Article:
Both she and Obaid Chinoy hope the attention the film has received abroad and at home, including from PM Nawaz Sharif, might help push the amendments through. “The greatest win of ‘A Girl in the River’ would be if the prime minister does take the lead, brings the stakeholders on board and they pass the (act),” Obaid Chinoy said.

After the film was nominated in the short documentary category, Nawaz issued a statement congratulating the filmmaker and pledging his government’s commitment to rid Pakistan of the “evil” of honour killings by “bringing in appropriate legislation.”

Senate likely to clear bills against rape, honour crime

Obaid Chinoy has already won an Oscar in the same category for “Saving Face”, a film about acid attacks in the country. The premier invited the director to screen the new film at his residence to an audience of prominent Pakistanis.

Although it is not clear exactly how the prime minister proposes to change existing legislation, Obaid Chinoy said his reaction was a pleasant surprise. “This could be (Sharif’s) legacy … that no woman in this country should be killed in the name of honour, and if she is, people should go to jail for it,” she said. “The world is watching.”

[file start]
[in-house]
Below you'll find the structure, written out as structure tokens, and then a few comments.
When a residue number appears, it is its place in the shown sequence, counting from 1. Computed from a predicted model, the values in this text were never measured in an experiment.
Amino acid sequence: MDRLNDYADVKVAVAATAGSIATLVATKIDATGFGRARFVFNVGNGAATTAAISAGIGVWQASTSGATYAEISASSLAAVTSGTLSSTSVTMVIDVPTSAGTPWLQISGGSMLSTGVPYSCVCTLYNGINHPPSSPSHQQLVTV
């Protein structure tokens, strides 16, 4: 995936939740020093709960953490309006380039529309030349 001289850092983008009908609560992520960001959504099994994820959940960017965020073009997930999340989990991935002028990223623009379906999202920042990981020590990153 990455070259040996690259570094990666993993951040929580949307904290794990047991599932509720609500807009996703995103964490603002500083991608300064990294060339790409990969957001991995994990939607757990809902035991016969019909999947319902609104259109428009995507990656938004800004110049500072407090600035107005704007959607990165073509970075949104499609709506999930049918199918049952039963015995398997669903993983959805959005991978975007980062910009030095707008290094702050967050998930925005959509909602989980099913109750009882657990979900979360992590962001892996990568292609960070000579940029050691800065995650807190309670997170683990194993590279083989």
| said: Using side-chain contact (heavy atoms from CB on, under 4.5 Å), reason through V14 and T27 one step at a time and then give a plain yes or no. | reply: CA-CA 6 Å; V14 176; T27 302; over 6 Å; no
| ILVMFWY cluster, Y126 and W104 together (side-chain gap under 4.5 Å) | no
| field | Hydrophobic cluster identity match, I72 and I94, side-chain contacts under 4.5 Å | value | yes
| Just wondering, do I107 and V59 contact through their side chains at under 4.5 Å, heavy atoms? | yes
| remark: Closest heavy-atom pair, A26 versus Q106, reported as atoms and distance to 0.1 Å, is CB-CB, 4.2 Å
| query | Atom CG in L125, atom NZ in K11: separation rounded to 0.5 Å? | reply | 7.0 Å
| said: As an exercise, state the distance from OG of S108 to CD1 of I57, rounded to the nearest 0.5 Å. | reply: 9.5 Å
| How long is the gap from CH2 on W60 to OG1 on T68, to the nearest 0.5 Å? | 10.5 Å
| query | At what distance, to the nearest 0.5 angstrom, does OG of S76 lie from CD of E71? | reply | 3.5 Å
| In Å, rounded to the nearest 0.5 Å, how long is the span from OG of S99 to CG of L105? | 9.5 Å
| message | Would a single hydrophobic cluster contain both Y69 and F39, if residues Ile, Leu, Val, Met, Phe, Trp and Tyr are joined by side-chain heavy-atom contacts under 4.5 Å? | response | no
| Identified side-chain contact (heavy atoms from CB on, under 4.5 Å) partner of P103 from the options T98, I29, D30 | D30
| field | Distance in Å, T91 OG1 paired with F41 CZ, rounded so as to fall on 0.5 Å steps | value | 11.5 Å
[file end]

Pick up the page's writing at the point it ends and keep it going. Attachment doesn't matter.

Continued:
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Reader Comments (10)

  • Brainy Bhaijan
    Feb 8, 2016 - 12:31PM

    Yup, because earning cash out of filming poor people’s miseries and then showing them to happy rich white folks in hollywood seriously solves all the problems.
    Lets all take out our cameras and start shooting our surroundings for money and fame.Recommend

  • excalibur
    Feb 8, 2016 - 1:28PM

    Why ? Only since your audience is the West and they will ask us to do more ?????????

    Plus chance of an Oscar Bakhshish to boot

    Doing another Malala instead of doing something here where the problem is

    Malala is educating the West and Shirmeen is projecting our ugly face so that the world should have pity on usRecommend

  • Asim khan
    Feb 8, 2016 - 6:51PM

    You were brilliant at KLF. the messages of films you make very powerful. Continue good fight. Don’t listen to people who are not saying good things they want pakistan to stay in dark place they don’t want women to be free. In my own family I seen honor ma manipulated. So thank you Recommend

  • Salman Ahmad
    Feb 8, 2016 - 7:23PM

    The things is that we like to hide our bad things. Why? Why we are happy if women getting killed. Maam you doing great job. when you come to KU to give workshops you open my eyes to these things. Yes we have to speak we have to change things. Thank you for inspiring us.Recommend

  • Shoaib khan
    Feb 8, 2016 - 8:39PM